- Get Involved
CAMP RADZIMINSKI. Camp Radziminski was established on September 23, 1858, on the south bank of Otter Creek in Indian Territory by Maj. Earl Van Dorn as a provision depot on one of his Indian campaigns. It was subsequently moved upstream and maintained as an outpost of Fort Belknap in Young County, Texas. Unlike most other army posts on the frontier, Camp Radziminski was surrounded by a log stockade to protect government animals and supplies. The camp, near the site of Tipton, Tillman County, Oklahoma, was abandoned by the army in the fall of 1859 when its garrison was withdrawn to the newly established Fort Cobb. In 1860 it was reoccupied by Texas Rangersqv under Col. Middleton T. Johnson, who was campaigning against the Comanches. Willis Lang of Johnson's command wrote in his diary that the camp was "located at the south extremity of a range of Wichita mountains in midst of high piles of rocks. . . . Huge mountains rise on either side." Camp Radziminski was named in honor of Charles Radziminski, a native of Poland, who was living in Louisiana when he was appointed second lieutenant in the Third Dragoons in April 1847. Radziminski served as regimental quartermaster and then regimental adjutant during the Mexican War. He left the service at the end of the war but was reinstated as a first lieutenant in the Second United States Cavalry on June 30, 1855. He died of tuberculosis on August 18, 1858. By 1860 very little evidence of the camp remained.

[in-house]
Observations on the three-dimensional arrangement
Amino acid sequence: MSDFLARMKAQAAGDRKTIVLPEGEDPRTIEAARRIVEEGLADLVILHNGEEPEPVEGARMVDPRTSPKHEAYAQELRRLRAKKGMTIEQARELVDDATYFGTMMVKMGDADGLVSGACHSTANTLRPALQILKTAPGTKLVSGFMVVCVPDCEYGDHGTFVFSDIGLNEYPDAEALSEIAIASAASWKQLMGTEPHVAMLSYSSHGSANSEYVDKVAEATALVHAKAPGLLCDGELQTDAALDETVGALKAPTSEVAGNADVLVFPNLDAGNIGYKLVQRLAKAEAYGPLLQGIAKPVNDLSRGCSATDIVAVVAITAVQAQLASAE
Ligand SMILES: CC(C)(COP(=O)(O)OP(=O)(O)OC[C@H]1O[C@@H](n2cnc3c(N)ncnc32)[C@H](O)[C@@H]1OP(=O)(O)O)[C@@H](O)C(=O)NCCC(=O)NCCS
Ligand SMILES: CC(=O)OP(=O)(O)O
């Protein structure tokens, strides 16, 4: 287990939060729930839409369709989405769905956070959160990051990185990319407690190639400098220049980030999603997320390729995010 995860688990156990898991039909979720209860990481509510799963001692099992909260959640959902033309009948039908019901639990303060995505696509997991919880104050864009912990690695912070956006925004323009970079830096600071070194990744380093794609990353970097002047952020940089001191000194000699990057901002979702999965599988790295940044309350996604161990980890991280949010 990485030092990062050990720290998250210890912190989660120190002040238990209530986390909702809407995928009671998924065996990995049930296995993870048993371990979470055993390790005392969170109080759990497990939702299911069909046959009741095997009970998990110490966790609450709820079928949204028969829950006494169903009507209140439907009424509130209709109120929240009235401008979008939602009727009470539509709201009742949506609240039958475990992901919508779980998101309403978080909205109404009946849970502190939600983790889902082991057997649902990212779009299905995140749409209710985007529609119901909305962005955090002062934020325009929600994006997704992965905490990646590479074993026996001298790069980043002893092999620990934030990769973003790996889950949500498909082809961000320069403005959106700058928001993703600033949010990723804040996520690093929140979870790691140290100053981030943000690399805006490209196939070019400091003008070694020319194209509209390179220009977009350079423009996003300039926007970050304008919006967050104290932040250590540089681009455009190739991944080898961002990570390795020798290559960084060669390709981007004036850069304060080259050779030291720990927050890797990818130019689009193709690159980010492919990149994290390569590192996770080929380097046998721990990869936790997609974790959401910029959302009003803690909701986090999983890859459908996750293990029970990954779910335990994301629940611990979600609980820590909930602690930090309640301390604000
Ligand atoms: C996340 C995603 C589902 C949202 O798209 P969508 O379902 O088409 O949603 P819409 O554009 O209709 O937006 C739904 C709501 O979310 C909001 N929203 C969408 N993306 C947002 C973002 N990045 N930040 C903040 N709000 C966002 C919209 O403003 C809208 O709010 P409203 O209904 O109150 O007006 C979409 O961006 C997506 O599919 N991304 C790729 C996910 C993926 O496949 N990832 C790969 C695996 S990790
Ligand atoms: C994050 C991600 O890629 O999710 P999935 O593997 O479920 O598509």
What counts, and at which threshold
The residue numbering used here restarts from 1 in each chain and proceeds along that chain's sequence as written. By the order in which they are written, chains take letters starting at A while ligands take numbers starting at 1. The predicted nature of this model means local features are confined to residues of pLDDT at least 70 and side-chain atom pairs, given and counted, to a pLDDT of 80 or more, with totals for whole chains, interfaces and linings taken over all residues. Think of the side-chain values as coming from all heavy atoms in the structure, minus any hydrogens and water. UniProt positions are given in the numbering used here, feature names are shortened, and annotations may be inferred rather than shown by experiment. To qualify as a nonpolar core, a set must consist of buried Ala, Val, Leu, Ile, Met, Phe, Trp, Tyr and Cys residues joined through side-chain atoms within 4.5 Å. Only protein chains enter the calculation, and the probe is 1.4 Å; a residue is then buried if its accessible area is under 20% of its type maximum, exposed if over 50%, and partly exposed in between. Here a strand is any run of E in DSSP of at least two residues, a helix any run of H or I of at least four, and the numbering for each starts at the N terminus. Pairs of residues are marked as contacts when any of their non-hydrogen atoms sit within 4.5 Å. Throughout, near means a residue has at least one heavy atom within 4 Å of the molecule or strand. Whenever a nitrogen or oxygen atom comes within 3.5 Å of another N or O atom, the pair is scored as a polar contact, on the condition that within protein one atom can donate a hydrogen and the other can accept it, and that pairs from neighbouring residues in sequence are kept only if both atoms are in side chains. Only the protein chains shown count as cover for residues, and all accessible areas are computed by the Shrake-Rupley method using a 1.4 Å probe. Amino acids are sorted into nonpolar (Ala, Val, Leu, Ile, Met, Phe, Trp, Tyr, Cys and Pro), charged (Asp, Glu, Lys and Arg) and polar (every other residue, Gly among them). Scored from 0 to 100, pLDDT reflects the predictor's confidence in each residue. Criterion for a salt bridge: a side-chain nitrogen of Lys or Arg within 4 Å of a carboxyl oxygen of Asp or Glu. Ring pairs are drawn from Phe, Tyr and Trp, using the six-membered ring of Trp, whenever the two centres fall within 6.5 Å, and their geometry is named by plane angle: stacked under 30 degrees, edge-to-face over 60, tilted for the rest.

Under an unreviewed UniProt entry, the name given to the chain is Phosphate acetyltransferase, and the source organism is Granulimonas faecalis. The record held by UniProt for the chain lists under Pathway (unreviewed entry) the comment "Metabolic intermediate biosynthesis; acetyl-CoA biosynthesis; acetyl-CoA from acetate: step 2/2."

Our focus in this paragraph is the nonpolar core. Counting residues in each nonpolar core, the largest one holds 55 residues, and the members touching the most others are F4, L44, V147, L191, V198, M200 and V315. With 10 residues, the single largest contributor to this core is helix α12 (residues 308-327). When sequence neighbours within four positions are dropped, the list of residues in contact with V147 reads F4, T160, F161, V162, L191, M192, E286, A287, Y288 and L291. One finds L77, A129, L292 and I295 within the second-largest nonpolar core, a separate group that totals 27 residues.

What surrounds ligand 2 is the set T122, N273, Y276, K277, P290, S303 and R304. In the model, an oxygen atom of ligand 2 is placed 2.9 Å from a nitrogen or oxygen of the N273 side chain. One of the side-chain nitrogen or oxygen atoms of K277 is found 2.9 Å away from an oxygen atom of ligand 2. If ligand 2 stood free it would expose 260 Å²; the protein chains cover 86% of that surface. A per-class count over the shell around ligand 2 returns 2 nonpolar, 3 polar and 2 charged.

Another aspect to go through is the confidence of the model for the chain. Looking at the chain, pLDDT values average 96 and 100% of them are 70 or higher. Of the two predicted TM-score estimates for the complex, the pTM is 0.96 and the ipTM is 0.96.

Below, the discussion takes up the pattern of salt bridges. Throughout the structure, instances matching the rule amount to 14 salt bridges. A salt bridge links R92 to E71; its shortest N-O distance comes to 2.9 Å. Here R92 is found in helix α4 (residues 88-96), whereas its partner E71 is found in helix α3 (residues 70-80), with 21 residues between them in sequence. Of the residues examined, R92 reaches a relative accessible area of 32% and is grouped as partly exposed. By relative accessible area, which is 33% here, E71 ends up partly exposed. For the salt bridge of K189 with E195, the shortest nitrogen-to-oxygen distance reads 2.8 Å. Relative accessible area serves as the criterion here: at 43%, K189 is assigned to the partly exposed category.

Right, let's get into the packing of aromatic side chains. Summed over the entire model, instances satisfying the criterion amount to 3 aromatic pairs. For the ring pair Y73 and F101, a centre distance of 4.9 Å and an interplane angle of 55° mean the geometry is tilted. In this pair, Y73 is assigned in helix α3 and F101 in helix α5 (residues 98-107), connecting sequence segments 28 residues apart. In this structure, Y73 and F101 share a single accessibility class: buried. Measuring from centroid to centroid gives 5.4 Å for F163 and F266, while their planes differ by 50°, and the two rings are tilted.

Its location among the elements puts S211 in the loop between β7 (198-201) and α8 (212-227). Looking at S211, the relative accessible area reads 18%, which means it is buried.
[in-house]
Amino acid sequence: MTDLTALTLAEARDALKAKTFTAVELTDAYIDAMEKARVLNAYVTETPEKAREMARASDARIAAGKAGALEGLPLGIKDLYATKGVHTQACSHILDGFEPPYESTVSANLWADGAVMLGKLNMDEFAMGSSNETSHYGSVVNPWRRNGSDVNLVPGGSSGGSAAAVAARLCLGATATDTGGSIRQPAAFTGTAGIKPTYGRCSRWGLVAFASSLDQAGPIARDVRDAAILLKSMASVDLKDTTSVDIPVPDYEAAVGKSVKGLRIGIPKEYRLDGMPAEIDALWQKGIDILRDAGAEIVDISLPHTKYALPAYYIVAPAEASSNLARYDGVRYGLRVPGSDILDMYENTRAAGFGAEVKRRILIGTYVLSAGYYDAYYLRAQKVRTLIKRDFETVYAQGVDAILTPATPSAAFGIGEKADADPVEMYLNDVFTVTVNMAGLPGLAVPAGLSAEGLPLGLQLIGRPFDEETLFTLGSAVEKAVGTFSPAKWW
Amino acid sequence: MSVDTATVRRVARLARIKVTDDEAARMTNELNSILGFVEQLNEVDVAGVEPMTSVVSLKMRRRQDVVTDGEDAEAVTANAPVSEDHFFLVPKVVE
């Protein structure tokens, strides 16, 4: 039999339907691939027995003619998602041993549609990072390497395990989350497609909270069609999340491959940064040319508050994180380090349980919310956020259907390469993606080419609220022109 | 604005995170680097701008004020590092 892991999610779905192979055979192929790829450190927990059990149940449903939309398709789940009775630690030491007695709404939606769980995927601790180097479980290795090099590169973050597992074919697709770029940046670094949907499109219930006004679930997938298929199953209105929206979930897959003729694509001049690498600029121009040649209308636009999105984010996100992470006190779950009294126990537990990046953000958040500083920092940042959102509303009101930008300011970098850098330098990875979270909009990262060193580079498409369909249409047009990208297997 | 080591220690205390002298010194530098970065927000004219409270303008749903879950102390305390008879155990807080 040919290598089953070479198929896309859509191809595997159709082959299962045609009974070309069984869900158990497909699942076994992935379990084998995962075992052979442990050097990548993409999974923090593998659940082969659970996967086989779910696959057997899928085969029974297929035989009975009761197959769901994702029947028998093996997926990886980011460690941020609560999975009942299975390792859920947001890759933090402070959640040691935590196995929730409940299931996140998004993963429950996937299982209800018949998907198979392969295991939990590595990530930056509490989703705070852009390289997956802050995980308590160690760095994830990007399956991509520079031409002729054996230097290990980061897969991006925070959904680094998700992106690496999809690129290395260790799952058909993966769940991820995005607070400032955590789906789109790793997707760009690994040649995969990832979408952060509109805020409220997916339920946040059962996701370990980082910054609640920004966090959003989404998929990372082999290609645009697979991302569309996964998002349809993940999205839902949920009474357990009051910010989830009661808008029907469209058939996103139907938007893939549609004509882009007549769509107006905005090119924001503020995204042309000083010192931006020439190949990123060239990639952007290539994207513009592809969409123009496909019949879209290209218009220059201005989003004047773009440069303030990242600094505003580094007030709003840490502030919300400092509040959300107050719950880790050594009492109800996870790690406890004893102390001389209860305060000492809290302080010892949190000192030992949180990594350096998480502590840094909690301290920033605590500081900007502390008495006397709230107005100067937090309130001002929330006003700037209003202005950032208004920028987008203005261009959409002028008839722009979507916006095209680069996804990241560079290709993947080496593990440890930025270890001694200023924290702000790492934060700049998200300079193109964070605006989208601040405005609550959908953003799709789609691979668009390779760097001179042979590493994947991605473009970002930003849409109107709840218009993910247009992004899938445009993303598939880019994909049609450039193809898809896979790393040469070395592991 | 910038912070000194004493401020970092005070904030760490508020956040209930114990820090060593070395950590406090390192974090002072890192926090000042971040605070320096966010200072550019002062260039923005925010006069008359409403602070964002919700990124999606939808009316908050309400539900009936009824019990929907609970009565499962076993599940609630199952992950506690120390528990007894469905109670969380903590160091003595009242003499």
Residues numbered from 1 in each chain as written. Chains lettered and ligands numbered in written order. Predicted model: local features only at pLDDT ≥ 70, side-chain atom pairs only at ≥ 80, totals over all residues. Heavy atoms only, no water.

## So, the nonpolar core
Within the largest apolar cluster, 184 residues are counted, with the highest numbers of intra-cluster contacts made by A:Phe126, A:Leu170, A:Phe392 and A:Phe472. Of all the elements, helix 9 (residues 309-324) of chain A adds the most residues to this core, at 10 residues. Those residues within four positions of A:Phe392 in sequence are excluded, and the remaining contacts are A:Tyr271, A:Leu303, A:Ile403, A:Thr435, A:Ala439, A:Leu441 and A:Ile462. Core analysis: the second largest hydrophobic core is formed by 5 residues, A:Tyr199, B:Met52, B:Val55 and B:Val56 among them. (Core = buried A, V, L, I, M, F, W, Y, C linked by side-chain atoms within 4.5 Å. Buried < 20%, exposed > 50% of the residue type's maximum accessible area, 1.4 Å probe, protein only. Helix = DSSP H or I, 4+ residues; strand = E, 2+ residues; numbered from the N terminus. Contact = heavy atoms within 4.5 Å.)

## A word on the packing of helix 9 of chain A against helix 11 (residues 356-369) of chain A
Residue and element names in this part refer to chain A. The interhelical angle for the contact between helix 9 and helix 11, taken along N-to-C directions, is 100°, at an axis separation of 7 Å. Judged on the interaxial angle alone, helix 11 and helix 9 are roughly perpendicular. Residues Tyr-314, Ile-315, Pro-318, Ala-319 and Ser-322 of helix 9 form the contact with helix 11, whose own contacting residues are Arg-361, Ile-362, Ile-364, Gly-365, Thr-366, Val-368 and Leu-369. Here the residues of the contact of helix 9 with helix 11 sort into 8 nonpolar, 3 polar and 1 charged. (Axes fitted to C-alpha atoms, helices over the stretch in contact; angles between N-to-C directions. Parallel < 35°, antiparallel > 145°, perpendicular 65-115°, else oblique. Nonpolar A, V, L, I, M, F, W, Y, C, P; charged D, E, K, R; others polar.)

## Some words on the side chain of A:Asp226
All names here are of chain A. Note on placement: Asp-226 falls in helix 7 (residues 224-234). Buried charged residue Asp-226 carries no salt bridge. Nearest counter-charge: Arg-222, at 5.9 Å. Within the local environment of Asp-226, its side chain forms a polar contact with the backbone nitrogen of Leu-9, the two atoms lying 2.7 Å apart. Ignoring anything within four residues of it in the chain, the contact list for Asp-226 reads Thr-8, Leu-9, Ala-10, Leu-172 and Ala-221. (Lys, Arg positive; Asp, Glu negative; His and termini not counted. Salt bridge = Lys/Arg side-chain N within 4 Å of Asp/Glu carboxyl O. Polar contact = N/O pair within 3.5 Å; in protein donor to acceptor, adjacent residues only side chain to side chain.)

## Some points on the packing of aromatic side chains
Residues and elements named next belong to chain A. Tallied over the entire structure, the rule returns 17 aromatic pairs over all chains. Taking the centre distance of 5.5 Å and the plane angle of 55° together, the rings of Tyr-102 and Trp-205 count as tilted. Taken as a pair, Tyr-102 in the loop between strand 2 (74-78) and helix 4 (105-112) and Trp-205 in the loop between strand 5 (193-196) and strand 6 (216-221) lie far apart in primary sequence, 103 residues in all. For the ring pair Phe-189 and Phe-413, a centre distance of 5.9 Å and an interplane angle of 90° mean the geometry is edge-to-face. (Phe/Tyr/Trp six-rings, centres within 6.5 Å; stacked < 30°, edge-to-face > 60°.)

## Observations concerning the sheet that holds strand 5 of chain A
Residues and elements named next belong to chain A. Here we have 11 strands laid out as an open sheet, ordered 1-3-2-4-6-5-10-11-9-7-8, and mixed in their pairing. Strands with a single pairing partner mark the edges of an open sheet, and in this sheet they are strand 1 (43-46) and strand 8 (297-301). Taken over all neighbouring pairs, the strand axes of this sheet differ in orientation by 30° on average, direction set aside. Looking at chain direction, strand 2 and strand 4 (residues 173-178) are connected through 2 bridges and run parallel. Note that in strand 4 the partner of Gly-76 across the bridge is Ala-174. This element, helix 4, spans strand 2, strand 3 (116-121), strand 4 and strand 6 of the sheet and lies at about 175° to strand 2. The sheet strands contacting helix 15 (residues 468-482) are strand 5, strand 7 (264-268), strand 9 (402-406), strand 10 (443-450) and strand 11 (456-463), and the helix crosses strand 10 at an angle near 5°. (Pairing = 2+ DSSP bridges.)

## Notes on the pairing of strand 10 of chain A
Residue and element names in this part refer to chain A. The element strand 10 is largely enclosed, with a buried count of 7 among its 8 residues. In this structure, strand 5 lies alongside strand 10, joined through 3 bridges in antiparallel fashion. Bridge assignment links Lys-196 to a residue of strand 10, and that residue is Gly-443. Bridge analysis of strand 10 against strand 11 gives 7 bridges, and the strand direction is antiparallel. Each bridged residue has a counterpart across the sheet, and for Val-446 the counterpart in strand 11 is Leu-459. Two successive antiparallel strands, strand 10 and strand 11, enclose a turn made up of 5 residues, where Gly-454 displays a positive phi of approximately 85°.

BIBLIOGRAPHY:Francis B. Heitman, Historical Register and Dictionary of the United States Army (2 vols., Washington: GPO, 1903; rpt., Urbana: University of Illinois Press, 1965). Willis Lang, Diary (MS, Dolph Briscoe Center for American History, University of Texas at Austin). Harold B. Simpson, Cry Comanche: The Second U.S. Cavalry in Texas (Hillsboro, Texas: Hill Junior College Press, 1979).
Image Use Disclaimer
All copyrighted materials included within the Handbook of Texas Online are in accordance with Title 17 U.S.C. Section 107 related to Copyright and “Fair Use” for Non-Profit educational institutions, which permits the Texas State Historical Association (TSHA), to utilize copyrighted materials to further scholarship, education, and inform the public. The TSHA makes every effort to conform to the principles of fair use and to comply with copyright law.
For more information go to: http://www.law.cornell.edu/uscode/17/107.shtml
If you wish to use copyrighted material from this site for purposes of your own that go beyond fair use, you must obtain permission from the copyright owner.
The following, adapted from the Chicago Manual of Style, 15th edition, is the preferred citation for this article.Handbook of Texas Online, Thomas W. Cutrer, "CAMP RADZIMINSKI," accessed August 24, 2019, http://www.tshaonline.org/handbook/online/articles/qbc22.
Uploaded on June 12, 2010. Published by the Texas State Historical Association.